During the Second World War and the Korean War, doctors and nurses discovered that unconscious soldiers stretchered off the battlefields survived more often if they were laid on their fronts rather than on their backs. On their back, they often suffocated on their own vomit. On their fronts, the vomit could exit and their airways remained open. This observation saved many millions of lives, not just of soldiers. The “recovery position” has since become a global best practice, taught in every first-aid course on the planet. (The rescue workers saving lives after the 2015 earthquake in Nepal had all learned it.)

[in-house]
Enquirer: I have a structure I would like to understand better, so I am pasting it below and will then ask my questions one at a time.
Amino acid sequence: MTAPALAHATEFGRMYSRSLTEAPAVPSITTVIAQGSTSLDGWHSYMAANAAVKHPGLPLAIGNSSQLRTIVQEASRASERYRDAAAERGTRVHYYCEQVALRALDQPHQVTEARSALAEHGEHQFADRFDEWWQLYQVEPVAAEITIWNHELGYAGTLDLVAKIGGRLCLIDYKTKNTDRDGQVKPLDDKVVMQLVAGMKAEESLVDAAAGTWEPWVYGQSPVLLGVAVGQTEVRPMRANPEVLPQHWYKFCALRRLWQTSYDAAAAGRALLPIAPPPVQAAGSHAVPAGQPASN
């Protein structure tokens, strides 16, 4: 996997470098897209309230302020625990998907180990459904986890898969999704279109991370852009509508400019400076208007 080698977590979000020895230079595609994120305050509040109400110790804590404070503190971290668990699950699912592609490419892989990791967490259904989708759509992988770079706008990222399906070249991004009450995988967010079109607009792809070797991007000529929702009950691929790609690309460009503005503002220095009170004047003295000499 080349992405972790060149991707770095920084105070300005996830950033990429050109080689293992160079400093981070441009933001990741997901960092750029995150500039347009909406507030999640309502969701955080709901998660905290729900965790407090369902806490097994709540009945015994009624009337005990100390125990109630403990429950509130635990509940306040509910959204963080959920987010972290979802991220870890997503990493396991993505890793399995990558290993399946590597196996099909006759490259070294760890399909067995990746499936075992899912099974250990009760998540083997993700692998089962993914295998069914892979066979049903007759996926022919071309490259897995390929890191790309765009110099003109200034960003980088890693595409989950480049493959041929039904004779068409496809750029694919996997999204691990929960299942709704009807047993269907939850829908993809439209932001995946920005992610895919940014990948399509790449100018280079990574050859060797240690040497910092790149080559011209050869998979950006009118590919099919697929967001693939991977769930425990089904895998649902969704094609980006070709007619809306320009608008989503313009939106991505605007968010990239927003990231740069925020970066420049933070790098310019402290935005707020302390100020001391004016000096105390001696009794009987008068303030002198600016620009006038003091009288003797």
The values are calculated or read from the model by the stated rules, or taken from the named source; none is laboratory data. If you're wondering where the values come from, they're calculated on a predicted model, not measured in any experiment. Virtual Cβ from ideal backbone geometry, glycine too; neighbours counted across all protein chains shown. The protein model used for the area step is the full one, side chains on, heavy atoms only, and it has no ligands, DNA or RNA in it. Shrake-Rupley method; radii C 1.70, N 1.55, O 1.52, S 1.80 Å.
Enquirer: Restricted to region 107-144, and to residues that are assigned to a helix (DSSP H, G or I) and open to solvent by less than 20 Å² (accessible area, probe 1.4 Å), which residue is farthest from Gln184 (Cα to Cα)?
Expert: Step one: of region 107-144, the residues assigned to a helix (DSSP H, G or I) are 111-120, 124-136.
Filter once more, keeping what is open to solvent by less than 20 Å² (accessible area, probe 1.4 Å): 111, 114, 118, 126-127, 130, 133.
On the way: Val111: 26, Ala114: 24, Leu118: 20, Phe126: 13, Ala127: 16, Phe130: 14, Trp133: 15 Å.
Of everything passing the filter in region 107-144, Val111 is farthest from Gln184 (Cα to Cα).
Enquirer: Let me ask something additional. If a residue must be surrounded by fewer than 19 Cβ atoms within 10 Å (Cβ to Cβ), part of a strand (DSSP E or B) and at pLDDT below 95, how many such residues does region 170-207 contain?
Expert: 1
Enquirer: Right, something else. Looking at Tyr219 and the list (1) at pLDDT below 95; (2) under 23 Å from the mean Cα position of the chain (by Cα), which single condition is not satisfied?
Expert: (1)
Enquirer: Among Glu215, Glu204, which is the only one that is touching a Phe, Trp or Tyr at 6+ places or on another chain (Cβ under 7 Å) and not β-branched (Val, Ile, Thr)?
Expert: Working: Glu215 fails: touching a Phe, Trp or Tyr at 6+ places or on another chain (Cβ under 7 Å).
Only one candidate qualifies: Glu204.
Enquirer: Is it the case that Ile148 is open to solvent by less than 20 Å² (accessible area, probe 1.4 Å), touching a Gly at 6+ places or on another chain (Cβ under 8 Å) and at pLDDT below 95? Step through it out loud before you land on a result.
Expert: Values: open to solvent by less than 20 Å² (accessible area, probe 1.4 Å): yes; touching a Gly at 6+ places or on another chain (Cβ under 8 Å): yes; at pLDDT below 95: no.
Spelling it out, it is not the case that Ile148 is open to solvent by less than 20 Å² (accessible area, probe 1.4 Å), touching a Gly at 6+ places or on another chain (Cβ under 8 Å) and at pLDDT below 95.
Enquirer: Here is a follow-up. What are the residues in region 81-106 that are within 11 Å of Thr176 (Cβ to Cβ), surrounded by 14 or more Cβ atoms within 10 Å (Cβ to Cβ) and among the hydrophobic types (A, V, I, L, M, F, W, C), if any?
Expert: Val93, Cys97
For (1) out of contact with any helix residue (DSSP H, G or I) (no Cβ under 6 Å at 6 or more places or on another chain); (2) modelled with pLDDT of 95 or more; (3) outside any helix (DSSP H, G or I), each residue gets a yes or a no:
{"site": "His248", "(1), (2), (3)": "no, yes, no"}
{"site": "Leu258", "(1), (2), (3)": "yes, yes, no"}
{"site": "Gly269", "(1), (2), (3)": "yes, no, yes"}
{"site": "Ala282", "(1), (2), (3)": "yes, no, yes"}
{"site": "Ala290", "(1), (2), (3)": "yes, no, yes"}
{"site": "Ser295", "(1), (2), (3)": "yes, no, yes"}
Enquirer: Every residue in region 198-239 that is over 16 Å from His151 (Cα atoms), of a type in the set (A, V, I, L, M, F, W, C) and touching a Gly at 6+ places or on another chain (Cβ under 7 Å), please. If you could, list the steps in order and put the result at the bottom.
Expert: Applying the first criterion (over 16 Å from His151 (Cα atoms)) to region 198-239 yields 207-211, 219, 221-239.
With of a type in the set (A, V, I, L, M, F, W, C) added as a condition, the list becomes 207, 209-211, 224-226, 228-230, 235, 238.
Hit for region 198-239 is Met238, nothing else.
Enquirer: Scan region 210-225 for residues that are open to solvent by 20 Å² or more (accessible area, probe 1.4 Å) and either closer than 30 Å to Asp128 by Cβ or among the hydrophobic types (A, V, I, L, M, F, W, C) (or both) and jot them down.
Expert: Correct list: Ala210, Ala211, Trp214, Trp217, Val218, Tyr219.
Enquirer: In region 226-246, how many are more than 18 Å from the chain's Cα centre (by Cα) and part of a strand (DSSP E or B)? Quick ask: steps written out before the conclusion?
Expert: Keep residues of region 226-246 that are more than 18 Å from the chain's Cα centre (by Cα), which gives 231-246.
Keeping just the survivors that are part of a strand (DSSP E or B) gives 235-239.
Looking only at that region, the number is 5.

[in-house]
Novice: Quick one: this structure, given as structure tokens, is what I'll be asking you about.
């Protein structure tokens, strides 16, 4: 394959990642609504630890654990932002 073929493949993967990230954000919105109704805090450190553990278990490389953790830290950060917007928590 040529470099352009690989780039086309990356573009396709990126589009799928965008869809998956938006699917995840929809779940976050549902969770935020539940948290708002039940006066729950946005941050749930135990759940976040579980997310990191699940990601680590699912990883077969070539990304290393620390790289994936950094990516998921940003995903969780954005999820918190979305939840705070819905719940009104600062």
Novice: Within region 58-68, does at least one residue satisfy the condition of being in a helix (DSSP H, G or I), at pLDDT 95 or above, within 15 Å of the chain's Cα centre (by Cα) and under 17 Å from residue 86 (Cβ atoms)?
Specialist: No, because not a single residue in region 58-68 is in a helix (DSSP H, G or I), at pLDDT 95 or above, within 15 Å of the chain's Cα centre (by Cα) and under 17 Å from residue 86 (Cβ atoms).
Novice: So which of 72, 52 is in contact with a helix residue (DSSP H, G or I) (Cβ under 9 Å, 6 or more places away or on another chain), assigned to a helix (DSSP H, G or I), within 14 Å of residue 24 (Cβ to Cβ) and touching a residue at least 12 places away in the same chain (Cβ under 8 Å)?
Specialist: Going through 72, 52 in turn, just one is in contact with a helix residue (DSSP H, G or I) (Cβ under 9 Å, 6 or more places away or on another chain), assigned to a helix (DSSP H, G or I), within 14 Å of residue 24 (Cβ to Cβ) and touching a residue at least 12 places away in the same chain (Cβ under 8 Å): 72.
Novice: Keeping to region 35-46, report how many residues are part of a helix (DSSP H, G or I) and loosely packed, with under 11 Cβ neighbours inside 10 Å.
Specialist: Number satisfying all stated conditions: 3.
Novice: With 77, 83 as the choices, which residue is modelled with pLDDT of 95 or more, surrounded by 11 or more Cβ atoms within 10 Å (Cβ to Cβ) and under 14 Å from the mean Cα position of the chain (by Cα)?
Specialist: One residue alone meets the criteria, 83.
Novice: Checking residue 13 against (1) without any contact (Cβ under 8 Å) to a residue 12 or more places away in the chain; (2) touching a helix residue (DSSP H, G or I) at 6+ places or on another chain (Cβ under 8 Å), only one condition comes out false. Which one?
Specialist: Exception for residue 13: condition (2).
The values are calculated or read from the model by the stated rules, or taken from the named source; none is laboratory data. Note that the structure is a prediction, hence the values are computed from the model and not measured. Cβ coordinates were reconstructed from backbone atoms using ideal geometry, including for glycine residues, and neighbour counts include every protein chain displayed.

But a new discovery can easily be generalised too far. In the 1960s, the success of the recovery position inspired new public health advice, against most traditional practices, to put babies to sleep on their tummies. As if any helpless person on their back need just the same help.
The mental clumsiness of a generalisation like this is often difficult to spot. The chain of logic seems correct. When seemingly impregnable logic is combined with good intentions, it becomes nearly impossible to spot the generalisation error. Even thought the data showed that sudden infant deaths went up, not down, it wasn’t’ until 1985 that a group of paediatricians in Hong Kong actually suggested that the prone position might be the cause.